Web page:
Principles Governing the Use by States of Artificial Earth Satellites for International Direct Television Broadcasting

The Principles Governing the Use by States of Artificial Earth Satellites for International Direct Television Broadcasting, adopted in 1982 (Resolution 37/92), consider that such use has international political, economic, social, and cultural implications. They declare that a State intending to establish such a broadcasting service should notify receiving States and establish such a service only on the basis of agreements with those States. This form of broadcasting raises questions of national sovereignty, cultural independence, and free flow of information.

The use of communication facilities and computers is bound to change legal institutions within individual nations, and it seems likely that it will have an impact on international legal relationships as well. In order to gain some understanding of the impact of communications institutions on the formation of international law, let’s have a look for this new Space Law article at the Principles Governing the Use by States of Artificial Earth Satellites for International Direct Television Broadcasting.

Introduction

For years, it has been possible to send short wave radio messages from a transmitter directly to individual radio sets around the world. The reason for this is that short wave radio clings to the Earth’s circumference and allows broadcasting in rough proportion to the power of the transmitter. Artificial Earth satellites have changed this capacity, since they have allowed the sending of a television transmission to a satellite and then back to Earth thousands of kilometres away.

The possibility of long distance direct television broadcasting has sparked a debate in international legal circles which has lasted a decade and a half. Television, as we know, is an extremely powerful communications medium. It is a political and economic force. It is political in that it shapes the expectations of people who watch it. It is even suggested by many communication scholars that such a powerful medium has the capacity to “set the agenda”, or frame the basic politics of the people by identifying the issues and expectations to which they will pay attention.

Such a powerful medium have raised issues bearing on the cultural independence of individual nations, especially those which are less developed economically. Thus, the concerns of the world community began to emerge in negotiations discussing the use of these satellites. These concerns were, on the one hand, to preserve the essence of cultural self-determination or self-guidance, and, on the other, to assure continued and fertile international communications with all the benefits that these can bring to mankind.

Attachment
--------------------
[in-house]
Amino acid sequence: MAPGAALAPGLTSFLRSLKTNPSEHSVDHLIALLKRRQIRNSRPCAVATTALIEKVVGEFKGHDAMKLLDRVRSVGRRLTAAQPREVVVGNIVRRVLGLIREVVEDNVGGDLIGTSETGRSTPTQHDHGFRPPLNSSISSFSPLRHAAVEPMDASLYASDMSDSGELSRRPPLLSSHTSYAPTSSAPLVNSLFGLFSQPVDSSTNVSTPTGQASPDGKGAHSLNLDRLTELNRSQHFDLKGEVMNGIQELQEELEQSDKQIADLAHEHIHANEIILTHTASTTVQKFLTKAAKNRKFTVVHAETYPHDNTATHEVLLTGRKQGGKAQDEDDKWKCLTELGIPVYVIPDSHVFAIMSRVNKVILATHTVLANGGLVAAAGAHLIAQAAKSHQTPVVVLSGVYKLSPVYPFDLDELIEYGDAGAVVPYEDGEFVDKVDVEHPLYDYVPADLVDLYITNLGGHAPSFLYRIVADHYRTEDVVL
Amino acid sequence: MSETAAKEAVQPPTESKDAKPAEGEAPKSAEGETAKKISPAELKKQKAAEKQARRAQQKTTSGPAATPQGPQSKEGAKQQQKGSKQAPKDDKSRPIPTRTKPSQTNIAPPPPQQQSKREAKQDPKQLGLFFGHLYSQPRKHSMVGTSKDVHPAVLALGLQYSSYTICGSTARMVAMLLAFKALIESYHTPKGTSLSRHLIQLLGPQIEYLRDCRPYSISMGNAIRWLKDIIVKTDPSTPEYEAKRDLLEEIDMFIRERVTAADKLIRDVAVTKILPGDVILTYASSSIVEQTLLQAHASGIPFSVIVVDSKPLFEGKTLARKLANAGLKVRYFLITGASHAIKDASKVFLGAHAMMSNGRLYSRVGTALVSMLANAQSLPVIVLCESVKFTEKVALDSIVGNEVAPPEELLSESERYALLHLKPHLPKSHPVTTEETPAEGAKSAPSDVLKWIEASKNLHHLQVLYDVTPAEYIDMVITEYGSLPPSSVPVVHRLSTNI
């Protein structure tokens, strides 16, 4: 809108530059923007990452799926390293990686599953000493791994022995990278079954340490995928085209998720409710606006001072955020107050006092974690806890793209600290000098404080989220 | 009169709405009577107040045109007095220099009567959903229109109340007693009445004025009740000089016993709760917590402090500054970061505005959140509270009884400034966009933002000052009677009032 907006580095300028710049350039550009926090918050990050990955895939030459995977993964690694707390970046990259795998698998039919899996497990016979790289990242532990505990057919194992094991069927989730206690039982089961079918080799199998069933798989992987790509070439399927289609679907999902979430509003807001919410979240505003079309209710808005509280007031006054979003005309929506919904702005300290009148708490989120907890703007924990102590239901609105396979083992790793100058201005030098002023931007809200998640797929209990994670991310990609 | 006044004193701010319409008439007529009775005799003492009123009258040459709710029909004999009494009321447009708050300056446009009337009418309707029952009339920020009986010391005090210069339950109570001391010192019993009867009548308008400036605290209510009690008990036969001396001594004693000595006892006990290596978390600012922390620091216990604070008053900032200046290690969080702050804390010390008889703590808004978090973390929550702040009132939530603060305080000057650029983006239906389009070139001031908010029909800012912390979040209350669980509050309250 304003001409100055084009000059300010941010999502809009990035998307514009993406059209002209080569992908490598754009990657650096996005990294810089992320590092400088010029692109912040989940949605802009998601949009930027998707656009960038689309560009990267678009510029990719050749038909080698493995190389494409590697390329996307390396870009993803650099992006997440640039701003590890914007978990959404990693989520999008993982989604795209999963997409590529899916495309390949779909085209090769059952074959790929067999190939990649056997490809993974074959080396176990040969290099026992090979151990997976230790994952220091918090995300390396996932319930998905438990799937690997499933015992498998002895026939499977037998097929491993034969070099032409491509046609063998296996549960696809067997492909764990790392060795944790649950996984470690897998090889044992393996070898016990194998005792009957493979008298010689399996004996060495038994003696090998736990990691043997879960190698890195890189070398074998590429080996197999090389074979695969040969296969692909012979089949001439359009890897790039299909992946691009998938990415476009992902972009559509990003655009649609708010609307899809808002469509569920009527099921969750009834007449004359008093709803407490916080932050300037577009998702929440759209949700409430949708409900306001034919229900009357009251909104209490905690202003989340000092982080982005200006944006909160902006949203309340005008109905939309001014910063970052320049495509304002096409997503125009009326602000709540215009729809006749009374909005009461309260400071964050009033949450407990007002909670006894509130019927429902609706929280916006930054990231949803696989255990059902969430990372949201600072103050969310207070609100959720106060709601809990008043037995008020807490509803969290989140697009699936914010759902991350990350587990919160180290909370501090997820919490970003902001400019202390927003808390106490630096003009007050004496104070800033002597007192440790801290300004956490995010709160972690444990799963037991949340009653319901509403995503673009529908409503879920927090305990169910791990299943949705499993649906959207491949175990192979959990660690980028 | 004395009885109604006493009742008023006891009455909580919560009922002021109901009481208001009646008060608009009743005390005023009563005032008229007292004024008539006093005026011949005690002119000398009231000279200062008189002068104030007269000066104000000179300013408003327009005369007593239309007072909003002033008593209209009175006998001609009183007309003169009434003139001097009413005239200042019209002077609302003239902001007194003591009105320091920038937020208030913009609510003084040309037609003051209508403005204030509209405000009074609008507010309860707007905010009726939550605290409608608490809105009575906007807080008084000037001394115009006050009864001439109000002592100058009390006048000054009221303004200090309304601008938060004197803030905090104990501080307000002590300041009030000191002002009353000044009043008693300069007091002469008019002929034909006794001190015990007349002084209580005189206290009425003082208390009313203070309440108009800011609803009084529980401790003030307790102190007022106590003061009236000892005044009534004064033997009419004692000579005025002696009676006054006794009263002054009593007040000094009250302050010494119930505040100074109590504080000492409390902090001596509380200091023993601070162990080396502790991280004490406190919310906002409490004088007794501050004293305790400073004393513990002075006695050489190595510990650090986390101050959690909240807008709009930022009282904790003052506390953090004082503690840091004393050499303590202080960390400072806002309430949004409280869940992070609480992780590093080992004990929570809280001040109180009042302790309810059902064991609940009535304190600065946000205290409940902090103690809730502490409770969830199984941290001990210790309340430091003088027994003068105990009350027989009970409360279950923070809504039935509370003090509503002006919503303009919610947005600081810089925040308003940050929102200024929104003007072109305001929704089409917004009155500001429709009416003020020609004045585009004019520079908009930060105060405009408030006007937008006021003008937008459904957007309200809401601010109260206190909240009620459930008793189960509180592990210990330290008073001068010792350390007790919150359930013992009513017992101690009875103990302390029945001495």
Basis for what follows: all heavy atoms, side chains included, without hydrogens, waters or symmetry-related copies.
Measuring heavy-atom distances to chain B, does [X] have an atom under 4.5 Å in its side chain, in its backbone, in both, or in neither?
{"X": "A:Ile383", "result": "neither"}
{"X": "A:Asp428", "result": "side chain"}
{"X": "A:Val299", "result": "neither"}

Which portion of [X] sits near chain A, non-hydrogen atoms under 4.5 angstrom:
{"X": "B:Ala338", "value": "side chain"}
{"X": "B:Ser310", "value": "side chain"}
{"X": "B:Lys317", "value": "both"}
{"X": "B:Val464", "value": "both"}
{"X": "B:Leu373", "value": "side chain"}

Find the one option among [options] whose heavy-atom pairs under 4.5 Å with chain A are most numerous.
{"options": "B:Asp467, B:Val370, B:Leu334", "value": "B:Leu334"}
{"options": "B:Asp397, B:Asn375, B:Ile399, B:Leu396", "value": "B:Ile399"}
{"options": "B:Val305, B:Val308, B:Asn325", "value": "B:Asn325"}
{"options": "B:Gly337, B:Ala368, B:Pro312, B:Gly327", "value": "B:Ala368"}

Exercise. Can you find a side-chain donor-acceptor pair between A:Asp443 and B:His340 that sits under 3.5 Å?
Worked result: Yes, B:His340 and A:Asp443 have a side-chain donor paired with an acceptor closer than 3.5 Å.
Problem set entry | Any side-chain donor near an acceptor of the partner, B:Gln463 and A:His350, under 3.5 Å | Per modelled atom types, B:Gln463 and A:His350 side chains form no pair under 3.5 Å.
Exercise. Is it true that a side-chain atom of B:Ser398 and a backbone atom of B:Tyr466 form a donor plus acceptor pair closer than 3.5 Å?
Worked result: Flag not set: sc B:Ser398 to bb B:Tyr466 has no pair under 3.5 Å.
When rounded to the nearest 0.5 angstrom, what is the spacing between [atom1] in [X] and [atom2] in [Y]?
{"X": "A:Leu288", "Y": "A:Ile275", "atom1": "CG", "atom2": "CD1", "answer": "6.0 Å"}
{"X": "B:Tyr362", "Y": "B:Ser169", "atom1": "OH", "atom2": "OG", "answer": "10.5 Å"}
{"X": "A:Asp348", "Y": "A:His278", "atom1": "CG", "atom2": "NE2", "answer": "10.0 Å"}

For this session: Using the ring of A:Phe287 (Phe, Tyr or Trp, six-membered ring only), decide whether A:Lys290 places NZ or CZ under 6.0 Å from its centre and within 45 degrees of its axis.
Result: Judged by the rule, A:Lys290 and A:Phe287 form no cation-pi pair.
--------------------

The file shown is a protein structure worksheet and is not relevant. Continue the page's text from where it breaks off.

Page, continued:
The debate began in the late 1960s, but shifted into high gear when the Soviet Union put forth a proposal in 1972. This proposal set the stage for the formal and informal legal discussions on direct television broadcasting. The U.S.S.R. proposed an international convention. The United States of America and some other States opposed the U.S.S.R.’s proposal primarily on the basis that it violated a fundamental international norm or general principle safeguarding the free flow of information.

The United States of America urged that no special regulation of direct broadcast satellites was appropriate, and that whatever legal responsibility there might be for such broadcasts should be resolved by application of existing provisions of international law. The debate on direct television broadcast regulation appears to have come to a close in the fall of 1982, when a Resolution concerning direct television broadcasting was adopted by the United Nations General Assembly.

Principles Governing the Use by States of Artificial Earth Satellites for International Direct Television Broadcasting

Space law can be described as the body of law applicable to and governing space-related activities. Space law, much like general international law, comprises a variety of international agreements, treaties, conventions, and United Nations General Assembly resolutions, as well as rules and regulations of international organisations. The term “space law” is most often associated with the rules, principles and standards of international law appearing in the five international treaties and five sets of principles governing outer space which have been developed under the auspices of the United Nations. In addition to these international instruments, many States have national legislation governing space-related activities.